Smart Contract

Smart contracts can autonomously perform all or part of the contract-related operations and generate corresponding verifiable evidence to illustrate the effectiveness of performing contract operations. For example, a smart contract on Ethereum is a piece of code that can be executed by the Ethereum virtual machine.

Smart contracts exist on various nodes of the blockchain network in the form of on-chain scripts, and their security and costs have attracted much attention. 

Code Reuse

Smart contracts exist on various nodes of the blockchain network in the form of on-chain scripts, and their security and costs have attracted much attention. At the same time, with the increasing number of smart contracts, it becomes possible to reuse existing smart contracts.. The goal of this sub-project is to obtain “differentiated code” from the comparison of similar smart contracts, and use the “differentiated code” to support smart contract update.

Recommending Differentiated Code to Support Smart Contract Update

Introduction

A smart contract is a program that runs on the blockchain, and there is evidence that most of the smart contracts on the Ethereum are highly similar, as they share lots of repetitive code. In this study, we empirically study the repetitiveness of the smart contracts via cluster analysis and try to extract the differentiated code from the similar contracts. Differentiated code is defined as the source code except the repeated ones in two similar smart contracts, which usually illustrates how a software feature is implemented or a programming issue is solved. Then, differentiated code might be used to guide the update of a smart contract in its next version. In this paper, to support the update of a target smart contract, we apply syntax and semantic similarities to discover its similar smart contracts from more than 120,000 smart contracts, and recommend the differentiated code to the target smart contract. The promising experimental results demonstrated the differentiated code can effectively support smart contract update.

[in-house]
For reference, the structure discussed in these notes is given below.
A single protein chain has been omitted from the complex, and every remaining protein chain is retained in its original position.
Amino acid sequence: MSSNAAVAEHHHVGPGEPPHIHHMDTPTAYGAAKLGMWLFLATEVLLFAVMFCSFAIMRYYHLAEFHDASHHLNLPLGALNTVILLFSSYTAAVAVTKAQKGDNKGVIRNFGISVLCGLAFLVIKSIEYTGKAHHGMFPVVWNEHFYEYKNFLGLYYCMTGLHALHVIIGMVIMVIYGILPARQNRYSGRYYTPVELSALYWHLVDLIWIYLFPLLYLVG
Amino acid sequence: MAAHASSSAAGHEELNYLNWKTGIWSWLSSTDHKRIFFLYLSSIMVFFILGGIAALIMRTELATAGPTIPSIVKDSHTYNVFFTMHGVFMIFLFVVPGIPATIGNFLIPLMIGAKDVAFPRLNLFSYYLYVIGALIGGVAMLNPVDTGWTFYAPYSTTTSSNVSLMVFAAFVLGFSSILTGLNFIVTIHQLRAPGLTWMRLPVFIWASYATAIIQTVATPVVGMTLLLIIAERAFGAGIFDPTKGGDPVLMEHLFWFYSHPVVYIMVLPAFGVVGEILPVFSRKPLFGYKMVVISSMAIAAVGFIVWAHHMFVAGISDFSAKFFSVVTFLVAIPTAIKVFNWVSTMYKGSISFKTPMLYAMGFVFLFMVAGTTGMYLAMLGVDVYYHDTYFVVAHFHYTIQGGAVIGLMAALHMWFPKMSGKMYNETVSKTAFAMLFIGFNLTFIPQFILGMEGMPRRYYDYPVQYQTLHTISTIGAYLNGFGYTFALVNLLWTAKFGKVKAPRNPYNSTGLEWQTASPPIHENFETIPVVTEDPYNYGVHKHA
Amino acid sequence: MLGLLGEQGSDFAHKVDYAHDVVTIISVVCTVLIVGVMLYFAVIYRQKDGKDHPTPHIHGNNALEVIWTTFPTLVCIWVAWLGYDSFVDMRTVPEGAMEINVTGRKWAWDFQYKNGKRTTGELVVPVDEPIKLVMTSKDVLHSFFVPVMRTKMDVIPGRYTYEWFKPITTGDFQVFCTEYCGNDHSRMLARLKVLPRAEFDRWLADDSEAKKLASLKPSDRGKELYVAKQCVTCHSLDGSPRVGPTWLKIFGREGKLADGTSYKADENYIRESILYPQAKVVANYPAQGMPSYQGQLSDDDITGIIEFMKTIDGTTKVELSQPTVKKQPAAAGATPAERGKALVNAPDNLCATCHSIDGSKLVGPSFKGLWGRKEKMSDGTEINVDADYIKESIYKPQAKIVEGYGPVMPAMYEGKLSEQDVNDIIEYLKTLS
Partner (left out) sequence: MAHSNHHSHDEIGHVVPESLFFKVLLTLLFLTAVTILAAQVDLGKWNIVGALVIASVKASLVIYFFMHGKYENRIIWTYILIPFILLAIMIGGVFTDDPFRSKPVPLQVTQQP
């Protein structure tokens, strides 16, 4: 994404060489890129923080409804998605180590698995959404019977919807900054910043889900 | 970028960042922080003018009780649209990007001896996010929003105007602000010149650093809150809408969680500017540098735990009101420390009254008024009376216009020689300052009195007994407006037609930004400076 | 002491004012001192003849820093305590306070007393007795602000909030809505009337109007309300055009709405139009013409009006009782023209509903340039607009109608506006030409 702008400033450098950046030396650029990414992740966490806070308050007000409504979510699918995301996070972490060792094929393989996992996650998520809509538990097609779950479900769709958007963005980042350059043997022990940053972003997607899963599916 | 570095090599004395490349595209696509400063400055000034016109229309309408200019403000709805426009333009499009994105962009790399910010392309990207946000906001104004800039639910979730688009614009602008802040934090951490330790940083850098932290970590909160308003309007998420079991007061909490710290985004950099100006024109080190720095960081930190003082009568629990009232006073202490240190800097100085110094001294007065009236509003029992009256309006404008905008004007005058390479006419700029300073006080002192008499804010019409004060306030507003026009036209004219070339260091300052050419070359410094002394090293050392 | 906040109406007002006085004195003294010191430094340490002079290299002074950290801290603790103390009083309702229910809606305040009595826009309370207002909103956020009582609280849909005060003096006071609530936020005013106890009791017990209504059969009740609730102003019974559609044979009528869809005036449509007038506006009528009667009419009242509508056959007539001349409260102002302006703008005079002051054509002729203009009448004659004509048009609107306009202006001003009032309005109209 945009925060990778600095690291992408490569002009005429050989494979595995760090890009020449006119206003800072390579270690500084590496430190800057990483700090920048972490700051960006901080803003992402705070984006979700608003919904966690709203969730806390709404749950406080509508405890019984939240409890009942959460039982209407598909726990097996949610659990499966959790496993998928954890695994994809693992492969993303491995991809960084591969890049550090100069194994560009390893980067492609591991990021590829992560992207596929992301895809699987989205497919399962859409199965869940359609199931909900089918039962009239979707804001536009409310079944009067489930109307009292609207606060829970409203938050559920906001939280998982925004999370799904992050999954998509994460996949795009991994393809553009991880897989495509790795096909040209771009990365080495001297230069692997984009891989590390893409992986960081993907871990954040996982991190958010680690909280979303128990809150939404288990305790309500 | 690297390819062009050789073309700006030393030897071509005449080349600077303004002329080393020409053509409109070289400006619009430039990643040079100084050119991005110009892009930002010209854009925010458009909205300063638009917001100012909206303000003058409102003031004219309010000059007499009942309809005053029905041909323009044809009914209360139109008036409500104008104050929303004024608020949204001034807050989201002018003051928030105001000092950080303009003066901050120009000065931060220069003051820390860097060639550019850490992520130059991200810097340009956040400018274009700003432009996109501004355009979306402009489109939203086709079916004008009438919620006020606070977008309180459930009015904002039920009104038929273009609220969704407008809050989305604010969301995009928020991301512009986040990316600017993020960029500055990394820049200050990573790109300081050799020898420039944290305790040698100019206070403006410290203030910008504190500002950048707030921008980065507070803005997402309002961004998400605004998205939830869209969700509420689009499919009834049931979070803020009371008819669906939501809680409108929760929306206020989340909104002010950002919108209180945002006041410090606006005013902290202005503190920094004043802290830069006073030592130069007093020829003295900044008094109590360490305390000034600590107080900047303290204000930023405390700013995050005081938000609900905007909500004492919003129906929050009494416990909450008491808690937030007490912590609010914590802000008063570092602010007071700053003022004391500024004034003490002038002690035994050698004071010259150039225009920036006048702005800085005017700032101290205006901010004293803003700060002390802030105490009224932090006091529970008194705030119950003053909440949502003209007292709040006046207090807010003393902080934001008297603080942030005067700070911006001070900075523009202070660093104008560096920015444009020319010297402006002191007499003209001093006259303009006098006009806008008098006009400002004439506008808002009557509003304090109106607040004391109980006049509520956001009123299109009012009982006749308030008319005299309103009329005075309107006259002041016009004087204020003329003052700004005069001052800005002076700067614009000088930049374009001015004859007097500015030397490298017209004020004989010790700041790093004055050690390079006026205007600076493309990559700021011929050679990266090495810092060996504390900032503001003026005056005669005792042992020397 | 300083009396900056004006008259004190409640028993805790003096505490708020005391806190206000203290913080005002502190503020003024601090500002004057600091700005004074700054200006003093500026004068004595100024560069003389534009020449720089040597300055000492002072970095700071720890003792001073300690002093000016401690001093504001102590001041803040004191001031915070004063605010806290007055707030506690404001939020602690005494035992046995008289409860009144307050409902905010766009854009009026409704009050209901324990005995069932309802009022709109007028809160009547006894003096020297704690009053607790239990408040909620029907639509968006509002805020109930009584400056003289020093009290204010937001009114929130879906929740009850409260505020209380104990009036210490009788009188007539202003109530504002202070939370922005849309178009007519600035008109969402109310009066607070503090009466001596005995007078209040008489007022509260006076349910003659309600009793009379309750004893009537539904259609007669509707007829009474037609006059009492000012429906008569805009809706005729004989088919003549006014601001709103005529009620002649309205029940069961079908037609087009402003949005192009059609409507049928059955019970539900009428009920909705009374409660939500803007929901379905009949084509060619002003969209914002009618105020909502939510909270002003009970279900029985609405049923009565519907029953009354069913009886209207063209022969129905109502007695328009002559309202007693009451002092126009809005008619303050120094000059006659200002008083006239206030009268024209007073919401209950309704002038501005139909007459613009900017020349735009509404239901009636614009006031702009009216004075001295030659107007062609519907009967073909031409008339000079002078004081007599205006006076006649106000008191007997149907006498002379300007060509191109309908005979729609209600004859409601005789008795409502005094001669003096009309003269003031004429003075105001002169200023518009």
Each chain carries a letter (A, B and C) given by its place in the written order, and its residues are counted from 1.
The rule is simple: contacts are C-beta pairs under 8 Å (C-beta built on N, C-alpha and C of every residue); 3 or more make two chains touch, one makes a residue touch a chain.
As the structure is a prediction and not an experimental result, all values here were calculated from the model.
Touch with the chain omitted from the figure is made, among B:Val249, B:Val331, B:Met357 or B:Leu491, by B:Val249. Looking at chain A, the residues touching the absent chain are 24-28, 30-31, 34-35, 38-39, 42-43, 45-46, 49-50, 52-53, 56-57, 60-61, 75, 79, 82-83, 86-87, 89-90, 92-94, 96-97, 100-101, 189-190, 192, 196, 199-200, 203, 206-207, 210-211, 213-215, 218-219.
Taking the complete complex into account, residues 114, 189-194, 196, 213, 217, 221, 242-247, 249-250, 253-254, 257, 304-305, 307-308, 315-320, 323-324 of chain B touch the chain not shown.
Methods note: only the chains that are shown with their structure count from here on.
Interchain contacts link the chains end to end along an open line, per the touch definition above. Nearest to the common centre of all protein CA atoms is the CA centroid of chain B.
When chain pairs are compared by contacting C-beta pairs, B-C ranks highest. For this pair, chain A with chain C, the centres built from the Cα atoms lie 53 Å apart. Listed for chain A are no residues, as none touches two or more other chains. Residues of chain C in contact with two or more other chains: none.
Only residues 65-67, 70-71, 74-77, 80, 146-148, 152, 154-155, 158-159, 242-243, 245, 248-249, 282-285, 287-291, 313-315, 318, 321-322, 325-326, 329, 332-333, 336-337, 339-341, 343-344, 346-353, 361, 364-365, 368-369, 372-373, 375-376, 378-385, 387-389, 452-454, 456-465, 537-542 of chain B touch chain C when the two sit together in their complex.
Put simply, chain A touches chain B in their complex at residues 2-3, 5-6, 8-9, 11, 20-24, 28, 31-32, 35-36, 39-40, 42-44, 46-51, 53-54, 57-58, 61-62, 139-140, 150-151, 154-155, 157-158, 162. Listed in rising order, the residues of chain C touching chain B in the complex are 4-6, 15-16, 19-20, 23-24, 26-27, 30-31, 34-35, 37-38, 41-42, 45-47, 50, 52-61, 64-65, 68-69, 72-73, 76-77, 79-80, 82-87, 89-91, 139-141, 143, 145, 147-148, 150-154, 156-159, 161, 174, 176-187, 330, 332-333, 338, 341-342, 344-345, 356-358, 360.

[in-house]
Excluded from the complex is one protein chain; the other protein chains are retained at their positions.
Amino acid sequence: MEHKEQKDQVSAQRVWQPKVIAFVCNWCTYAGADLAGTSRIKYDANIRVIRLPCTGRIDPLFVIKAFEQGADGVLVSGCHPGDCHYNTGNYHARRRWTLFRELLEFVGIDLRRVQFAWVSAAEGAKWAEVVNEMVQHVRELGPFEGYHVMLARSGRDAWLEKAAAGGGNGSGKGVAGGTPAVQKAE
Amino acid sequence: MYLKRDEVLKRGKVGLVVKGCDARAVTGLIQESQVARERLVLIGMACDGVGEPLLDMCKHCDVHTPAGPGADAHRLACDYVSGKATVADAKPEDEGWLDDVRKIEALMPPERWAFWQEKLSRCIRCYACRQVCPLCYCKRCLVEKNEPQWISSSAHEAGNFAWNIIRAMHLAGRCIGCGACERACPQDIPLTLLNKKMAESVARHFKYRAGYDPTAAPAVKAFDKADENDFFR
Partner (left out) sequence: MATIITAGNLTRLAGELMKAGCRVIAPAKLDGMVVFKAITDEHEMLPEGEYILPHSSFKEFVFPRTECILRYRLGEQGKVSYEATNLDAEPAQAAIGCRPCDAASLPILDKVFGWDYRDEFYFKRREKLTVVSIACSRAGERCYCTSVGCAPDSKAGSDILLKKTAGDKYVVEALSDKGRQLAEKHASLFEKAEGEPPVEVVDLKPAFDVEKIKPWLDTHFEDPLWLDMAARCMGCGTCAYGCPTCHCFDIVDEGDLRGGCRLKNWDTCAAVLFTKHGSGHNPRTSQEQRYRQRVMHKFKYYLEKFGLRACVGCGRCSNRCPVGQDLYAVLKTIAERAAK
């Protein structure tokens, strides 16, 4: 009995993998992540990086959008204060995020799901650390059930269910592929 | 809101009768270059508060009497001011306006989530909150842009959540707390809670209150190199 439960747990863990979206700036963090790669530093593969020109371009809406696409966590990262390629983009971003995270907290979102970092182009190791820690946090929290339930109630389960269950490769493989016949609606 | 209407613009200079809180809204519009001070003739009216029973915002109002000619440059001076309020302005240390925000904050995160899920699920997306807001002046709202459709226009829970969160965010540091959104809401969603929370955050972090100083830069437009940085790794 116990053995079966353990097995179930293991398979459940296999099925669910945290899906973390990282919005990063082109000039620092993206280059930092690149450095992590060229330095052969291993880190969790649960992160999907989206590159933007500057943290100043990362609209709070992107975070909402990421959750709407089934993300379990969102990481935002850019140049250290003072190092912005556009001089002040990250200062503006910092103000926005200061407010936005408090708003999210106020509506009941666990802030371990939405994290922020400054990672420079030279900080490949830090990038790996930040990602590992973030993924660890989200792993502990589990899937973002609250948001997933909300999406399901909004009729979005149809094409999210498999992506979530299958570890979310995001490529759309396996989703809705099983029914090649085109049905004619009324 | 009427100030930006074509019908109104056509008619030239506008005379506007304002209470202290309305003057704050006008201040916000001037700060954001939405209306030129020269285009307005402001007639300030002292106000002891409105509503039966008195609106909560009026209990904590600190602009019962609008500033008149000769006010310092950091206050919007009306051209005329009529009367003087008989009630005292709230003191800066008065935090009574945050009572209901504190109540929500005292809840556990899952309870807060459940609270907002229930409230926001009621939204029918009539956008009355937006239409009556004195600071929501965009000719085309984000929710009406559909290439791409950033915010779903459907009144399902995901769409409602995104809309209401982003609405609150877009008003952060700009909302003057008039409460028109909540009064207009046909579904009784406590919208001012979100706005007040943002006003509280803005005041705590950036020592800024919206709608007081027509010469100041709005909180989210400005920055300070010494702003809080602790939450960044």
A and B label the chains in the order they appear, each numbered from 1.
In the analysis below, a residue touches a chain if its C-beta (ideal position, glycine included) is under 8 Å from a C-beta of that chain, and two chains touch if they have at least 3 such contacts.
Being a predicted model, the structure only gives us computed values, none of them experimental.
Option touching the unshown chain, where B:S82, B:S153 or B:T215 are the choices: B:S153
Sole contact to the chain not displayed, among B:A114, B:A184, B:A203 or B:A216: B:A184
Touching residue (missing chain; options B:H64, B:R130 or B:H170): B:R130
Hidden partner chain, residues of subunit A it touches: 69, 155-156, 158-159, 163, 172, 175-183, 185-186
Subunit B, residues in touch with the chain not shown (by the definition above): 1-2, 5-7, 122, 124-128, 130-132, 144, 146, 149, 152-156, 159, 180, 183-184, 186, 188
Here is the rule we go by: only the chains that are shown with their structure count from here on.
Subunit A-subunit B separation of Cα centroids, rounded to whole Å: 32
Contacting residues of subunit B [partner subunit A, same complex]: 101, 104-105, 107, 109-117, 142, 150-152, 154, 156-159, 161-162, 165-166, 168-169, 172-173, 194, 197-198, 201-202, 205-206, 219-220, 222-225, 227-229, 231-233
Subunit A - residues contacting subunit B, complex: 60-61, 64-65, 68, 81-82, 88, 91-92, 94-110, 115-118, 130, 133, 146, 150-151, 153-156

Overall framework of the smart contract update supporting

If you want to cite this paper, please use the following reference:

@inproceedings{huang2019recommending,
  title={Recommending differentiated code to support smart contract update},
  author={Huang, Yuan and Kong, Queping and Jia, Nan and Chen, Xiangping and Zheng, Zibin},
  booktitle={Proceedings of the 27th International Conference on Program Comprehension},
  pages={260--270},
  year={2019},
  organization={IEEE Press}
}

Smart Contract Recommendation

Smart contracts have increasingly been created and run on Blockchain platforms since the development of Blockchain 2.0. As smart contracts are usually programs written in high-level languages, such as Solidity and Serpent, the creators of smart contracts require a certain knowledge of programming. Moreover, smart contracts also require regarded some human inputs and controls, such as Gas setting, even though they are regarded as automatable and enforceable agreements. As a result, An exploration of smart contract recommendation is proposed for more efficient creation of smart contracts. It is supposed that recommending contract files to creators based on the historical data of smart contracts from different creators on a Blockchain platform would be contribute to reduce programming difficulty, code vulnerabilities and computation resource.

Exploring Smart Contract Recommendation: Towards High-efficiency Blockchain Development

Introduction

We proposed a smart contract recommendation framework to explore and validate the feasibility of smart contract recommendation. Based on the real-world data collected from two well-known blockchain platforms, Ethereum and EOS, we first create two datasets for evaluating our smart contract recommendation framework. The two datasets can be provided to others for further researches on contract recommendation. Then several classical recommendation algorithms are applied to the datasets after data preprocessing. Finally, according to the comparison results on two datasets with various experimental settings, we prove that smart contract recommendation is feasible and can assist blockchain users to develop smart contracts in a more efficient way.